011118 Marlin Quay: County attorney says rezoning isn’t ‘taking’
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The owners of Gulfstream Café, left, oppose the new marina building.

Marlin Quay: County attorney says rezoning isn’t ‘taking’

By Charles Swenson
Coastal Observer

Claims that a zoning change to allow the rebuilding of a store and restaurant at Marlin Quay Marina amount to an unconstitutional “taking” of a neighboring restaurant are baseless, the Georgetown County attorney said this week.

Wesley Bryant gave County Council a briefing in executive session about potential litigation. Last month, an attorney for the Gulfstream Café put the county on notice that the restaurant would sue for damages if the zoning change is approved.

But Bryant said Gulfstream doesn’t have anything to take. The café has an easement to use the parking lot at the marina. “I don’t know how you can have a taking with an easement,” Bryant said. “Maybe they can come up with something.”

If they do, Bryant added, it would be hard for Gulfstream to show an economic impact based on the zoning change alone. “They would need to show an actual loss, not just conjecture,” he said.

Palmetto Industrial Development, owned by Mark Lawhon of Florence, is seeking to build a new store and restaurant. Gulfstream has twice appealed building permits issued for the project, claiming the building is a “major change” to the “planned development” zoning at Marlin Quay and should face a public hearing. Palmetto applied for a rezoning, although it disputed the need, and Gulfstream argued the change should be denied.

County Council gave the first of three readings to the rezoning this week. It was only a formality. Changes to the zoning ordinance don’t come up for discussion until the second reading.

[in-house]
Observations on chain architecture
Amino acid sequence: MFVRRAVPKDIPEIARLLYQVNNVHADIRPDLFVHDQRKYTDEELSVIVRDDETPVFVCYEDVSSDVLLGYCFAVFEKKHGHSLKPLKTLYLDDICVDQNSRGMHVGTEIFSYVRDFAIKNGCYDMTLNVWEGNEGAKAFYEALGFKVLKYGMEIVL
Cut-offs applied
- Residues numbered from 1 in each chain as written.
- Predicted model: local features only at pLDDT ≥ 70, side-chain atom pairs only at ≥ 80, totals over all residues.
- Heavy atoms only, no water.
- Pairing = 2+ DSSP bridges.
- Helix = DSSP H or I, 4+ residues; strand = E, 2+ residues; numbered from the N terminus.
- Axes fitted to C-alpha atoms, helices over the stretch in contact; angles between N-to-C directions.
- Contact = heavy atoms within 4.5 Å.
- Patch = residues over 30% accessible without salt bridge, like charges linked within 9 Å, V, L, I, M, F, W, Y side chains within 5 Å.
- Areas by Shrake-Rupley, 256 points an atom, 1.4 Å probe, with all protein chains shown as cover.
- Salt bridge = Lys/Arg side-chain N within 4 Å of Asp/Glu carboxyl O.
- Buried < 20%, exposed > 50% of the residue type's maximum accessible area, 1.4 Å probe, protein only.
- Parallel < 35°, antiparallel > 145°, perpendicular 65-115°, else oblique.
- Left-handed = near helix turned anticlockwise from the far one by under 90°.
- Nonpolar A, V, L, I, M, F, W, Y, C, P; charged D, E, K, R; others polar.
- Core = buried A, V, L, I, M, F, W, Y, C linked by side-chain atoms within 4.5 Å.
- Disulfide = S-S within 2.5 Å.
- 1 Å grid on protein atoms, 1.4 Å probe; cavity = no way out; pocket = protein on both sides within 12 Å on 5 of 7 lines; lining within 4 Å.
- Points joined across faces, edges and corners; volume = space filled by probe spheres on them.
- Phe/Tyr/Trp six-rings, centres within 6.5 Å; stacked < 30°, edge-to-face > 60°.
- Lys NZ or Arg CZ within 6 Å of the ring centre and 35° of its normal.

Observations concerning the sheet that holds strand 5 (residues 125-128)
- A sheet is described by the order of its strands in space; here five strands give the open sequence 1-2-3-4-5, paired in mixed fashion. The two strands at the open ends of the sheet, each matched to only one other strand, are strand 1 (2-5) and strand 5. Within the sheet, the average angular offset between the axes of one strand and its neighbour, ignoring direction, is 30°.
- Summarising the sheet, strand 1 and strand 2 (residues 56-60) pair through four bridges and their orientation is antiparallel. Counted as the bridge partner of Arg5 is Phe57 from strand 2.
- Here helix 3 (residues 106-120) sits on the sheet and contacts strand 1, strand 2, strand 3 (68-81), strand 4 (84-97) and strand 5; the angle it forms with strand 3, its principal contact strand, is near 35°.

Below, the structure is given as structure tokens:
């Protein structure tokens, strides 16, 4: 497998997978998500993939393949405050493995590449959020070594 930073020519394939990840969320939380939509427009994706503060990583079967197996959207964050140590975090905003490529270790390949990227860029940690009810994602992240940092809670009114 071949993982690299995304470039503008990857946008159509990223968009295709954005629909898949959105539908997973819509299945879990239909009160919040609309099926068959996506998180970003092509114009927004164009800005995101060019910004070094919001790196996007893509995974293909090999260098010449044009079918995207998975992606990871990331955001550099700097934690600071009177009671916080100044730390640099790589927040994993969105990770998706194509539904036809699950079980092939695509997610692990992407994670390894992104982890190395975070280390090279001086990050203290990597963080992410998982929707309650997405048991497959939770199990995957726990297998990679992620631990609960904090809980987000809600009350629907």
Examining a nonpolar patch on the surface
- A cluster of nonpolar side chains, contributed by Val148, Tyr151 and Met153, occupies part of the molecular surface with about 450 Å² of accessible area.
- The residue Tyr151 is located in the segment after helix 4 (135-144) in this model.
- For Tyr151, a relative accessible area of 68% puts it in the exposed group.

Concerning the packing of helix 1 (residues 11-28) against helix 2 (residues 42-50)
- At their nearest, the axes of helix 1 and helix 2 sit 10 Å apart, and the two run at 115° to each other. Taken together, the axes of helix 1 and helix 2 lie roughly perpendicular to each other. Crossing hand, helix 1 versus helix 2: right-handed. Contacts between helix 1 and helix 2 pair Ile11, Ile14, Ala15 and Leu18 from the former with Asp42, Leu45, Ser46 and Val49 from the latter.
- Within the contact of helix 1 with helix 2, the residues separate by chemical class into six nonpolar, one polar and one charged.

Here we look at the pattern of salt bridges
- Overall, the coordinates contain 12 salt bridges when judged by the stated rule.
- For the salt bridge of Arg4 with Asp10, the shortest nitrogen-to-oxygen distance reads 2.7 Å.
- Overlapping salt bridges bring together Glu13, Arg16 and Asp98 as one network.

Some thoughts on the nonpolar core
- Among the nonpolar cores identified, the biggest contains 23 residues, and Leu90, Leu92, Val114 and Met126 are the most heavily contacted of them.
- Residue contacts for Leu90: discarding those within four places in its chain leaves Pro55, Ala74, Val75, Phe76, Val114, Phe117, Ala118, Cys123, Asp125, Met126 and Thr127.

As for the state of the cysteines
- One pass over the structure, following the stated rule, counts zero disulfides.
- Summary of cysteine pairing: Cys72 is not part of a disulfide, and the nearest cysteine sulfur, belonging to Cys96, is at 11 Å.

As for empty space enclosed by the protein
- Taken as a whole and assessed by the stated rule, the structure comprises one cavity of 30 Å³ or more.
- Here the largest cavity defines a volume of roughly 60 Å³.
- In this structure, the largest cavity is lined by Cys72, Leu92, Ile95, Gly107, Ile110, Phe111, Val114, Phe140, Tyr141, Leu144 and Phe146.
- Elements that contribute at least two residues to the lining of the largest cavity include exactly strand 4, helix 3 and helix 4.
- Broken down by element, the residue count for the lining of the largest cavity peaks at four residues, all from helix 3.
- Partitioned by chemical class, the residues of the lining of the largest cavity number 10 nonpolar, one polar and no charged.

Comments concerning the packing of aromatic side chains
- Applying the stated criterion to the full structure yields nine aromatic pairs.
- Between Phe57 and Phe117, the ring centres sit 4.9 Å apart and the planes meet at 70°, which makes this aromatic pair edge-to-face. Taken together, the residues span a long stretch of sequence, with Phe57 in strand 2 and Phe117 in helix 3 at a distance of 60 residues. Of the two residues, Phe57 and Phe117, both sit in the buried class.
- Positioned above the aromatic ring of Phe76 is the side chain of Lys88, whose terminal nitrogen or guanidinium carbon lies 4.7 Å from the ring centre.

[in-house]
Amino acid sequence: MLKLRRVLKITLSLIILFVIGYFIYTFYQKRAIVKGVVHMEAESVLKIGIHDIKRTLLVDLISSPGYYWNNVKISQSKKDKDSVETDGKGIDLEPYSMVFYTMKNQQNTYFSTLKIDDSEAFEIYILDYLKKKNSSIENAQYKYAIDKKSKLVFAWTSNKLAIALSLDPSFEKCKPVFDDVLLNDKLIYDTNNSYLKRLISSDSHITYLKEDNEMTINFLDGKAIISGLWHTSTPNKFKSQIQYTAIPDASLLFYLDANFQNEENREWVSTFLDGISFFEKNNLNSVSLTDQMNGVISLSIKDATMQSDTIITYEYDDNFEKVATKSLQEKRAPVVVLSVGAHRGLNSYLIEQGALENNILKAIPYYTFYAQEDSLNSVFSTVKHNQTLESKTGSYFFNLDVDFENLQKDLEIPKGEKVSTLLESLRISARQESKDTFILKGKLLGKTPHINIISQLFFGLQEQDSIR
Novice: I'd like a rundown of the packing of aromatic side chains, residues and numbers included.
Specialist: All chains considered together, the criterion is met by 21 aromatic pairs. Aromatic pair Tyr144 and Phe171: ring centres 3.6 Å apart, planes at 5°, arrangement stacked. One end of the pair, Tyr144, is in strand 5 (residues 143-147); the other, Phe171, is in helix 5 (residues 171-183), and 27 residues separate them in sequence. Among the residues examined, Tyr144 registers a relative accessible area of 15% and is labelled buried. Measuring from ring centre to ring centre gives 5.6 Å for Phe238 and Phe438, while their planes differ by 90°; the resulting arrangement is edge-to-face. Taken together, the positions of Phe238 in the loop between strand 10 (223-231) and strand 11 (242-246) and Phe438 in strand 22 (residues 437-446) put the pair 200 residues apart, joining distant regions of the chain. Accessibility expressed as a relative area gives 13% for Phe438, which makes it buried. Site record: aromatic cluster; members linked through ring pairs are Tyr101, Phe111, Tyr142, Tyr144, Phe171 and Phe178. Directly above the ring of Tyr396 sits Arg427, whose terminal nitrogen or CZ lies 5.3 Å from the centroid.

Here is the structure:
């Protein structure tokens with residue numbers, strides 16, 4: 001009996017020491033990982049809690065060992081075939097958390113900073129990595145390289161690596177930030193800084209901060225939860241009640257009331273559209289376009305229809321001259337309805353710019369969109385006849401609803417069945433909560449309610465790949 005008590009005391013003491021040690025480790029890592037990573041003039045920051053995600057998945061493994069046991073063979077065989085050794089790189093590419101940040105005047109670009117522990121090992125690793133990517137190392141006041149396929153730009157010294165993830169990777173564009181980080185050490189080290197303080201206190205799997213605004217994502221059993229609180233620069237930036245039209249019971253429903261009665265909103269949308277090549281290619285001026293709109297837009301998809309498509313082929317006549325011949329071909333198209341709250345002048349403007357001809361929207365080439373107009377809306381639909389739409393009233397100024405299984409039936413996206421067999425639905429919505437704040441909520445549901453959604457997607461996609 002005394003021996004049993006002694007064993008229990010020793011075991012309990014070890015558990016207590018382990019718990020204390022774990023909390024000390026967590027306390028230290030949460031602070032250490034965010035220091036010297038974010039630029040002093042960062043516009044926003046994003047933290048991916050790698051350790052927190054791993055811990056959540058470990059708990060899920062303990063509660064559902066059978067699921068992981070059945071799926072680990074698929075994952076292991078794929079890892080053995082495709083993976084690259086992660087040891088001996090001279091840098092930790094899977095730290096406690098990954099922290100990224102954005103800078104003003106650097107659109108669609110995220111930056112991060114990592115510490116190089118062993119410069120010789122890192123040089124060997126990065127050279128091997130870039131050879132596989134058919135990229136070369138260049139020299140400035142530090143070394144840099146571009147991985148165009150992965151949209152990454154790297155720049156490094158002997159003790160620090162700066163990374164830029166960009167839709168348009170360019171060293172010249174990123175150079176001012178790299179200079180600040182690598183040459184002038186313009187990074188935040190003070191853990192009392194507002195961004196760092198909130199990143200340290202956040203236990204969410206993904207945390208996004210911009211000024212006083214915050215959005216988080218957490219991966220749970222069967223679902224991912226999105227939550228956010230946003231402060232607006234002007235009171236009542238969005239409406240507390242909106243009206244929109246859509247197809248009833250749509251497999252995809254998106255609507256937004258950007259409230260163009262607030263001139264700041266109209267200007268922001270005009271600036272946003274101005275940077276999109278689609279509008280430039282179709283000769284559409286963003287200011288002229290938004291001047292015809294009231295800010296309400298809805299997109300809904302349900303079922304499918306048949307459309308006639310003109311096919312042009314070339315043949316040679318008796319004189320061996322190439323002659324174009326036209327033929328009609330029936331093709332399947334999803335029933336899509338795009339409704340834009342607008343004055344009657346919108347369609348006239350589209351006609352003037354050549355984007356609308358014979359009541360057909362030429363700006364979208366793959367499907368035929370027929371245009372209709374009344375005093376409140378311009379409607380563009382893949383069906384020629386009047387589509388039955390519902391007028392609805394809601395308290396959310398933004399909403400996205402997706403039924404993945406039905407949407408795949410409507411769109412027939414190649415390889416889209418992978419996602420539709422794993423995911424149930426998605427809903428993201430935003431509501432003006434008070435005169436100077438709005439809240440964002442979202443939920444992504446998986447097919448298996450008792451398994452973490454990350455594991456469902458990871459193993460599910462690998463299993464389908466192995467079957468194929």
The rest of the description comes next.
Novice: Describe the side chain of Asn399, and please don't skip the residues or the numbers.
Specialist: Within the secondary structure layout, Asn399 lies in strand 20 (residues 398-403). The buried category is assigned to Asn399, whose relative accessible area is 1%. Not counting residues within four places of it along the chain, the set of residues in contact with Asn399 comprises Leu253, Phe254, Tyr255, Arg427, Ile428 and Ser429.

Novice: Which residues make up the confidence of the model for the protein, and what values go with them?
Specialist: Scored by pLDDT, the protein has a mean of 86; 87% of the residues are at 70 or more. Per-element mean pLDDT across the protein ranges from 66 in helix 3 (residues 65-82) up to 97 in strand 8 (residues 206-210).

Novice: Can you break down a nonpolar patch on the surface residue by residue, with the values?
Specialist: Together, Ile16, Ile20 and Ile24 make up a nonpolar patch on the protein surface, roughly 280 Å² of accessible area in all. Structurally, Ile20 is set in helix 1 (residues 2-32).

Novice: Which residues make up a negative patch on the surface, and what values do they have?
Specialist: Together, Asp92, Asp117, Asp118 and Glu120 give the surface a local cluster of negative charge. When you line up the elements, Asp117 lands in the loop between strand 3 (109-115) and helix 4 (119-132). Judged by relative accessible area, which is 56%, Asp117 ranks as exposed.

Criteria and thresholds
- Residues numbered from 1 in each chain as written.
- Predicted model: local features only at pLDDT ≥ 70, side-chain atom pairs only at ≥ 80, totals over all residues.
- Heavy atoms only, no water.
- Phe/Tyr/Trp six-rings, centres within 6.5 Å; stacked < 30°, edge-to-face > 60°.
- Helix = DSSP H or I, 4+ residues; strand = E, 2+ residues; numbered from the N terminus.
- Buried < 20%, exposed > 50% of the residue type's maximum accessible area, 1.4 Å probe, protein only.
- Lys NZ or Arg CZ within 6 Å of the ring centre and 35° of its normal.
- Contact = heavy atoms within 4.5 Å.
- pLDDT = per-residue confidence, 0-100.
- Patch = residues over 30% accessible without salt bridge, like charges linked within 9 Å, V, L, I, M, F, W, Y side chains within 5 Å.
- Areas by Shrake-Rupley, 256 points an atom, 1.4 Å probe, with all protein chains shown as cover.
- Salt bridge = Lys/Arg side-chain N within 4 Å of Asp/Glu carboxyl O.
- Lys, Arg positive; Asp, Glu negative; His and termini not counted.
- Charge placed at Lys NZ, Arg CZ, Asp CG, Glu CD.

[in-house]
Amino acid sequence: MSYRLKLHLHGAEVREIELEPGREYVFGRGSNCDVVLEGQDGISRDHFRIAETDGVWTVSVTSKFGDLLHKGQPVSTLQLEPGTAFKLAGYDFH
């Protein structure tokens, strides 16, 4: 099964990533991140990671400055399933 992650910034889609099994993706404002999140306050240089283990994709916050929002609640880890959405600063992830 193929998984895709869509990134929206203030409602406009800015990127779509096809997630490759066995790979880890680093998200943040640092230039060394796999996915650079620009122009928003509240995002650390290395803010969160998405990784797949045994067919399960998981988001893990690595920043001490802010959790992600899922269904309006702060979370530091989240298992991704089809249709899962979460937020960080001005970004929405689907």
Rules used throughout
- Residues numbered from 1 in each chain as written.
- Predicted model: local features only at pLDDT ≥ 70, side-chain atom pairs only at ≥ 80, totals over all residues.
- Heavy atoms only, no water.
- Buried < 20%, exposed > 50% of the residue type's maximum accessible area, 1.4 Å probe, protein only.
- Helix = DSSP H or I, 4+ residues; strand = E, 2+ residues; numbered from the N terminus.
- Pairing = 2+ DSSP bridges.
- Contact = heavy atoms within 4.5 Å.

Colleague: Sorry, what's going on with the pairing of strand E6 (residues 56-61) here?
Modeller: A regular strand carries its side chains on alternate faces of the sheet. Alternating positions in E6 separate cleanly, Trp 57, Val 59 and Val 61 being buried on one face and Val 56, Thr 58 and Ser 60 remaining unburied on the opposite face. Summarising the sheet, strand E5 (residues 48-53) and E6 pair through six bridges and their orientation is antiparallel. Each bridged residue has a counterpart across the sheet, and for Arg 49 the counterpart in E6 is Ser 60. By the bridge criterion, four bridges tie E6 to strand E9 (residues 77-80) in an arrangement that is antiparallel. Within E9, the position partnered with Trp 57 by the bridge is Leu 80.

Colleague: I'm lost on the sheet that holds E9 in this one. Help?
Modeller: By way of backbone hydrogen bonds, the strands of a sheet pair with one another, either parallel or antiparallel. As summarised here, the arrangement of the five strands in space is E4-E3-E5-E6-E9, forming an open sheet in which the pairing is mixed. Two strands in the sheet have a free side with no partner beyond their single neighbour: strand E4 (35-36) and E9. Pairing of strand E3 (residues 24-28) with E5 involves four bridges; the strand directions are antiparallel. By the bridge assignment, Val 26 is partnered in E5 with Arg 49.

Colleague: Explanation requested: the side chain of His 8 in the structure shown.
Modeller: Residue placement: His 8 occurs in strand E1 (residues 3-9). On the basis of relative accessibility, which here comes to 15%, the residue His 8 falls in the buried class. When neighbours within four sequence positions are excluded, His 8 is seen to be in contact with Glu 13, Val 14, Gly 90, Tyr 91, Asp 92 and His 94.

But George Redman, an attorney for Gulfstream, used the council’s public comment period to argue against the change. “We fully support a marina store,” he told council. “It’s a shame one hasn’t been built before.”

Council Member Steve Goggans recused himself from that portion of the meeting. His firm SGA Architecture designed the proposed building, a fact that Gulfstream has highlighted in court filings.

The marina has a temporary office. After Palmetto demolished the old store and restaurant in 2016, Gulfstream filed suit and obtained a temporary injunction to halt construction. Palmetto filed suit alleging fraud by employees of the café whom it said encouraged the project before the demolition.

Redman said Gulfstream, owned by the Atlanta-based CentraArch group, is concerned that the new marina building will include an expanded restaurant that will take up spaces in the shared parking lot to which the café has an easement. “We don’t want to own a restaurant that doesn’t have any parking,” he said. “Look at the plans and draw your own conclusions.”

The Planning Commission approved the rezoning with a limit of 110 restaurant seats, the number that Lawhon said existed in the old facility. Redman said there were 74 seats before. “It’s better than nothing,” he said of the limit, but he pointed out that the proposed building totals 8,850 square feet. The original had 4,603 square feet. The county notes that the proposed building has 4,953 square feet of heated space. The remainder is porches and decks.

Redman said Gulfstream wouldn’t object if Palmetto rebuilt what existed before. County planning staff say that’s not possible. The old building didn’t comply with current federal flood regulations. The new one will be raised. The old building straddled a lot line with the Marlin Quay condos. The new one will be on marina property.

Connie Lowery, who owns two units at Marlin Quay, told the council she objects to the height of the proposed building, saying it will “overwhelm the area.” She said she and other owners are also concerned about noise from the proposed restaurant and bar.

Dan Stacy, the lawyer for Palmetto, told council members the board of the condominium owners association has approved the project. The plan also had approval from county staff, two votes from the Board of Zoning Appeals, a Circuit Court judge and the Planning Commission. He told the council he has never been involved in a project with that level of approval.

The rezoning is scheduled for second reading on Jan. 23.

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